March McCarron grew up outside of Philadelphia. She earned a BA in English, and—useless degree in hand—went on to wait tables and sell used cars. More recently, she moved to South Korea with her husband, where she teaches English at a private academy. Aside from writing, she loves travel, craft beer, folk music, and all things geek.
This member has not published any books.
Hero For Hire
on June 24, 2014
I should begin by saying that I’ve always had a weakness for Greek Mythology. I mean, what’s not to love? It’s full of twisted, epic, morbid, fist-pumpy (occasionally eye-gaugey) awesomeness—magical beasts, petty gods and the poor, poor mortals they trample, people turning into animals, animals turning into people, gods turning into animals to get with people, acts of brawny, pectoraly heroism coupled with (sometimes, at least) shrewd, unbending female characters, bath-tub murders, cannibal approved pie recipes, and a whole lot of bloody cautionary tales. Basically, heaps of goodness (or very entertaining badness). Despite this, it never once occurred to me to read a modern work of fiction set in this world. The whole time I was reading Hero for Hire, I just kept thinking “damn it, this is a good idea. I should have thought of this!” It’s brilliant, because it’s an amazing fantasy world that requires very little tedious world building, as most of us are already familiar with the places, creatures, and gods it entails. Genius.
Hero for Hire follows Eno the Thracian, a for-hire hero whose gotten a lot more work since the Trojan war broke out, distracting the more well-known heroes and creating a lot job opportunities for our lead. As far as heroes go, Eno is an especially lovable one. In addition to being a witty, buff, capable lead, he is guided by an unwavering altruism that I was not expecting. For some reason, I anticipated more of a hard-boiled protagonist with primarily mercenary goals (perhaps because most action stars are pretty hard-boiled), but Eno is a highly empathetic, kind, respectful man. I’m generally all for gray characters with iffy morals, but being in Eno’s head was so darn refreshing, I really can’t complain about how white his hat is (not that he wears a hat). The adventure Eno goes on is consistently interesting and never predictable. It all comes together in a truly spectacular finale—seriously, all through the last few chapters, I was grinning down at my Kindle like a goon.
What I loved:
The story itself is just a good, fun, action-packed read. It’s funny and brisk; I tore right through it. If it were a movie, I imagine it starring some hunky actors with questionable acting abilities, having some spectacular special effects and lots of one-liners. I imagine myself watching it in the theater with my eyes so glued to the screen that I blindly stuff handfuls of popcorn in the general direction of my face-hole, ending in a lap full of grease-stains.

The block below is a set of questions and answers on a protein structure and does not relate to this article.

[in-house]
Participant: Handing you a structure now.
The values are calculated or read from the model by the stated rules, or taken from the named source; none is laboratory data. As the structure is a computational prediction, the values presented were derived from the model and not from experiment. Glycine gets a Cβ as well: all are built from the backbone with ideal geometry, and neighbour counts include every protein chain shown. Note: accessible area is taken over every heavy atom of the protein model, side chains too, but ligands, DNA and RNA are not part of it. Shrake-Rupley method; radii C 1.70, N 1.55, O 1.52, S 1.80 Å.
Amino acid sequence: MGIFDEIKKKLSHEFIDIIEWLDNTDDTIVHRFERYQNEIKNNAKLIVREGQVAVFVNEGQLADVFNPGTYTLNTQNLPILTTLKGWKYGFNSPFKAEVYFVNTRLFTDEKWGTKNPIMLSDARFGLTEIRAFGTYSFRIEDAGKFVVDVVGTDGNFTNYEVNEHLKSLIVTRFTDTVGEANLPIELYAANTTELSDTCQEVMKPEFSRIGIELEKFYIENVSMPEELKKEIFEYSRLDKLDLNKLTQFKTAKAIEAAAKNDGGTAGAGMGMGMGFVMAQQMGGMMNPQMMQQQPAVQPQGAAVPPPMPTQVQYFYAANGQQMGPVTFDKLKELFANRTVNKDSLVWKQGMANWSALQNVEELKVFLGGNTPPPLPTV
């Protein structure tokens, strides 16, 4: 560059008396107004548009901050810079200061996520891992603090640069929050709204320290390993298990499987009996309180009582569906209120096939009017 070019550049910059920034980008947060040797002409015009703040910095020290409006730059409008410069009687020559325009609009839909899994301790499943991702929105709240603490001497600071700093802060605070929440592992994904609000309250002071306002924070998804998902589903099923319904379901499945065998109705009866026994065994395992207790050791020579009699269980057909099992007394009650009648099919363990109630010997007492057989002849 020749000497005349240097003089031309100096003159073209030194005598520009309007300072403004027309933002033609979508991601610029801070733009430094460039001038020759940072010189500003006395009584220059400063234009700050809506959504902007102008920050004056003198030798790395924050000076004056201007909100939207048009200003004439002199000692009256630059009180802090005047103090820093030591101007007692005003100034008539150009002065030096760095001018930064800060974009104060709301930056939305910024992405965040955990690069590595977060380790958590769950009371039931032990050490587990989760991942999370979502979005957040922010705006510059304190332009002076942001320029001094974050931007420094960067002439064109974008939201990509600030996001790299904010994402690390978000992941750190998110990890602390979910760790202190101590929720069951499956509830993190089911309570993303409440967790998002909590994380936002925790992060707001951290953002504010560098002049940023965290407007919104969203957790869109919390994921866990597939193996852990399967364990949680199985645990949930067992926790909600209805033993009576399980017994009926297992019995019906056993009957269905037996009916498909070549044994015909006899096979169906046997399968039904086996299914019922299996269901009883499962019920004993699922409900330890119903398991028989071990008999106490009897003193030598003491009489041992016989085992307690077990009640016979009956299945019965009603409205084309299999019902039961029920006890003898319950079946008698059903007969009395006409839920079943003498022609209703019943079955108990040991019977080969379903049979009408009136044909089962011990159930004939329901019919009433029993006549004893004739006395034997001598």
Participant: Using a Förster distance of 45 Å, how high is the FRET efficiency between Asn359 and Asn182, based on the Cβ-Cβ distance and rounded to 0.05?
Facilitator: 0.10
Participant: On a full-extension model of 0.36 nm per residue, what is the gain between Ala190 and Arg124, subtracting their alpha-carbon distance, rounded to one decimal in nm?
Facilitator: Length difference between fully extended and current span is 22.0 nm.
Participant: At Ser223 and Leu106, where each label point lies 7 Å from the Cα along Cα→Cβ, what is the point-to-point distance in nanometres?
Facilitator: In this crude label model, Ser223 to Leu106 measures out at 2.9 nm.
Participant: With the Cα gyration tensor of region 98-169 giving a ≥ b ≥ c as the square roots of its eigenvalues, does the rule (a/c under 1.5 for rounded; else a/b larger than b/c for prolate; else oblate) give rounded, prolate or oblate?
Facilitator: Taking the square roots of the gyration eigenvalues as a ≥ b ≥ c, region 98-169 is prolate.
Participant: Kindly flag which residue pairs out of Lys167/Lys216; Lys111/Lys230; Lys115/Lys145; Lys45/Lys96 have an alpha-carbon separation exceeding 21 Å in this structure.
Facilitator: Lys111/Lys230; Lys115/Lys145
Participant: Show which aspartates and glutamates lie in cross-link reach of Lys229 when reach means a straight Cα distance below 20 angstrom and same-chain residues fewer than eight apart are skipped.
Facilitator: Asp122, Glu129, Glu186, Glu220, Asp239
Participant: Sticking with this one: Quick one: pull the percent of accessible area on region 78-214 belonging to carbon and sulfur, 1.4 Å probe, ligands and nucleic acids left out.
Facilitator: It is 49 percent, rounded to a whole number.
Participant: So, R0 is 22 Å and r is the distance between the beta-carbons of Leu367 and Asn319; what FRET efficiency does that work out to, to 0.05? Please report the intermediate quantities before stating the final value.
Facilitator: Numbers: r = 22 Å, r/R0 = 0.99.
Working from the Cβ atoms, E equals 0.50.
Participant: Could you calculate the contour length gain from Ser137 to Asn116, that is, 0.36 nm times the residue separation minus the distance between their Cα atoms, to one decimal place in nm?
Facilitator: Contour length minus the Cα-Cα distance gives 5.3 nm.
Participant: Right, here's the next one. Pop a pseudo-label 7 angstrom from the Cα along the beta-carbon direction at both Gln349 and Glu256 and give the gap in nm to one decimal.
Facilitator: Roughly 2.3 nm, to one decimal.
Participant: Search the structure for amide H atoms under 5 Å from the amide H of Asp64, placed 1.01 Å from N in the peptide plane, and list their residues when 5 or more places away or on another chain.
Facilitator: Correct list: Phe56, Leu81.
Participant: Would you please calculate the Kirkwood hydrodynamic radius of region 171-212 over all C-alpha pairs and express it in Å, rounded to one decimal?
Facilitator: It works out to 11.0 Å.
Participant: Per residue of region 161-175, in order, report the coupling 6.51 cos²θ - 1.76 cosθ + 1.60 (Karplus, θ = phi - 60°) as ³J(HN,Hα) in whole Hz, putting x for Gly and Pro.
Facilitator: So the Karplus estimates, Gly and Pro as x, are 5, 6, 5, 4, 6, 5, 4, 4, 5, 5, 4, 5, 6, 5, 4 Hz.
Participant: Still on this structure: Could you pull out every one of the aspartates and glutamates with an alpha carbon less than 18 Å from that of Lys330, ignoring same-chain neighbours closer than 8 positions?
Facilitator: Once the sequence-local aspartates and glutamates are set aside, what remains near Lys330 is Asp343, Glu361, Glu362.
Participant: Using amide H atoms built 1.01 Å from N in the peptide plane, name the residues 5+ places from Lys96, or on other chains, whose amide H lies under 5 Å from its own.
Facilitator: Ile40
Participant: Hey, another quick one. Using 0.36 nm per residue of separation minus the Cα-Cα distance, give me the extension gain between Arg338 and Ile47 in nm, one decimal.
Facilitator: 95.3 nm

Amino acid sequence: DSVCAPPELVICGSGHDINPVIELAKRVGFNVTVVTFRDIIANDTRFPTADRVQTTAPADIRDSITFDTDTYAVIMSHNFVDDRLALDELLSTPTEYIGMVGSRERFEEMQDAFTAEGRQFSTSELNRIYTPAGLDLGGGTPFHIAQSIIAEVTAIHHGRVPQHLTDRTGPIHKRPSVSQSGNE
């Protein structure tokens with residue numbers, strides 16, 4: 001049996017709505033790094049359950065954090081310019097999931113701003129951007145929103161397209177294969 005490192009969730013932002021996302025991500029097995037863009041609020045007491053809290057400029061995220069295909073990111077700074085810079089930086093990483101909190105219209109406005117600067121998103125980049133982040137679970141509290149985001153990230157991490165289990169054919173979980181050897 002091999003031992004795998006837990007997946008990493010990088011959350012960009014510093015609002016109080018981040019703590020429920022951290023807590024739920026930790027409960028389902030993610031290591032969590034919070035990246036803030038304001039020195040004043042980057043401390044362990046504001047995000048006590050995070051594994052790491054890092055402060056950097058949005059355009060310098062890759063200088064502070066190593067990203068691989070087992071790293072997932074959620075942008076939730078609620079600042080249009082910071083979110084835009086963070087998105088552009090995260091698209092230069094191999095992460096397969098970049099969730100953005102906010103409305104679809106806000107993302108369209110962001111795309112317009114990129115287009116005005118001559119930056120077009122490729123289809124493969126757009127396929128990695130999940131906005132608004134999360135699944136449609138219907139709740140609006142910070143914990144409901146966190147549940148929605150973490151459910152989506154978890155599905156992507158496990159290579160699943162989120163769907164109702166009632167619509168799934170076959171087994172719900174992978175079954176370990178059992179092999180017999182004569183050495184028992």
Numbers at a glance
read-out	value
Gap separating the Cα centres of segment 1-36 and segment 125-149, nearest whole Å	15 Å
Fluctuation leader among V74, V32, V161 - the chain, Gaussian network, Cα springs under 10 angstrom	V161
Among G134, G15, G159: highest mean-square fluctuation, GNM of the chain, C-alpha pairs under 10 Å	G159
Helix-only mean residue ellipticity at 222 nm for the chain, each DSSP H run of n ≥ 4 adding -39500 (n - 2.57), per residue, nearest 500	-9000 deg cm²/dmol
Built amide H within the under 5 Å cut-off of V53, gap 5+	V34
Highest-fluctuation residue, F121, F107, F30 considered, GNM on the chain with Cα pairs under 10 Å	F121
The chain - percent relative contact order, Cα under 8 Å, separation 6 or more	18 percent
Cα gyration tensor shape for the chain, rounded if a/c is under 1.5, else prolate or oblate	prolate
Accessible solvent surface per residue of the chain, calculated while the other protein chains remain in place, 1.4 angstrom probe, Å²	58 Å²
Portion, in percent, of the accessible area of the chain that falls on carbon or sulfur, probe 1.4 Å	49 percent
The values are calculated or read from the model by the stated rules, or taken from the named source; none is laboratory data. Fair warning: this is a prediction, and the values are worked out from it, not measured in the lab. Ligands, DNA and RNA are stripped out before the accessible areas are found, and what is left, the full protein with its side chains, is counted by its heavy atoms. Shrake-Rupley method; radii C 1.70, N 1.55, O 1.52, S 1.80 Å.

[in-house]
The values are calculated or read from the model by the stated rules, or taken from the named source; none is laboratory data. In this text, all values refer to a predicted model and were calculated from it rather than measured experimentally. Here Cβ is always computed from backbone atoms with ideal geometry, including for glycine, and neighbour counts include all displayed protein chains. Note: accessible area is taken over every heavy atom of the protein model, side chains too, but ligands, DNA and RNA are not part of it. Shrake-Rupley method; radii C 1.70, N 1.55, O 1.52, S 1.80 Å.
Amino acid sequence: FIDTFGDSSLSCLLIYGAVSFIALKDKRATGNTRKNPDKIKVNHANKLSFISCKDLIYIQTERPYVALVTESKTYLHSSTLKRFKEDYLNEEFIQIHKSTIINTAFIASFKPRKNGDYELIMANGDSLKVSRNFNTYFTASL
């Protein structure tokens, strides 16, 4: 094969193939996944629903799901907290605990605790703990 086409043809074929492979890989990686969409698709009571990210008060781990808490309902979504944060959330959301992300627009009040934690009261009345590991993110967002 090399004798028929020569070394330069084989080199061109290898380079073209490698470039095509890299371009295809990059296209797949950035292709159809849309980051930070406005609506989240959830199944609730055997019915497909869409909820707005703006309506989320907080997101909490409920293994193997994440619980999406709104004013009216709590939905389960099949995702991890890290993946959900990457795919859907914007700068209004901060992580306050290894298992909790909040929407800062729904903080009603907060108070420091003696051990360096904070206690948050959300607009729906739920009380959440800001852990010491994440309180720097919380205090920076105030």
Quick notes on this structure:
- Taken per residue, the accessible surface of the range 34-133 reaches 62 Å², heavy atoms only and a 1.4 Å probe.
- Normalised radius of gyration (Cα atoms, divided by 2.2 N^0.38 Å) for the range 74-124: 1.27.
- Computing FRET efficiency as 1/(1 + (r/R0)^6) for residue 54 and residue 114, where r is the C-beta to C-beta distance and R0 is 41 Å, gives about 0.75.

Eno’s voice is consistently engaging and very often humorous. Pratt managed to make me enjoy even an opening that is rather heavy on internal -monologue / exposition—something that normally annoys me—because Eno’s narration is so entertaining. As an action / adventure story, there are a lot of fight scenes in this book, and they are all handled expertly—just the right amount of detail (which is no easy feat).
What I didn’t love:
Ok, these are going to be nigglings, because I honestly was having too much fun reading this story to be much derailed by any shortcomings, however there were a few minor things I noticed. The book had a spattering of errors—much less so than many self-published books I’ve read, but still enough that I noticed and occasionally had to reread a sentence for clarity (though, I’m the kind of person to take note of such things). One thing that consistently had me starching my head was whether this story was meant to be told in real-time or if Eno is relating it from some future point. At times, he refers to what will happen, as if these events are all in the past and he’s recounting the,. However, at other points he uses time-placers like ‘now,’ making the story seem like it’s unfolding as I’m reading it. Occasional blunders in tense compound this confusion.
The only other thing that (mildly) bugged me was one instance of the story halting for the sake of backstory. I’ll be honest and say I never like this, but I’m more willing to forgive it in the beginning or middle of a book. When I’m entering the climax—when the proverbial shit has just hit the fan—I definitely do NOT want a pause in the story for some history. Aside from it being unrealistic that a character would mentally review the backstory of an opponent in a life-or-death situation, it totally pulls the reader out of the moment at just the wrong time (especially frustrating in this instance, as I was already familiar with the backstory in question). I understand the need for this kind of information to be present in the book, but finding a place earlier in the story would really help with the pacing as well as the pay-out, creating a sense of recognition even for those readers unfamiliar with classic mythology.
All in all, however, this book is a lot of fun and I would highly recommend it for anyone who enjoys Greek mythology or just a good action-packed fantasy read. I’m looking forward to reading the sequel to find out what’s in store next for Eno!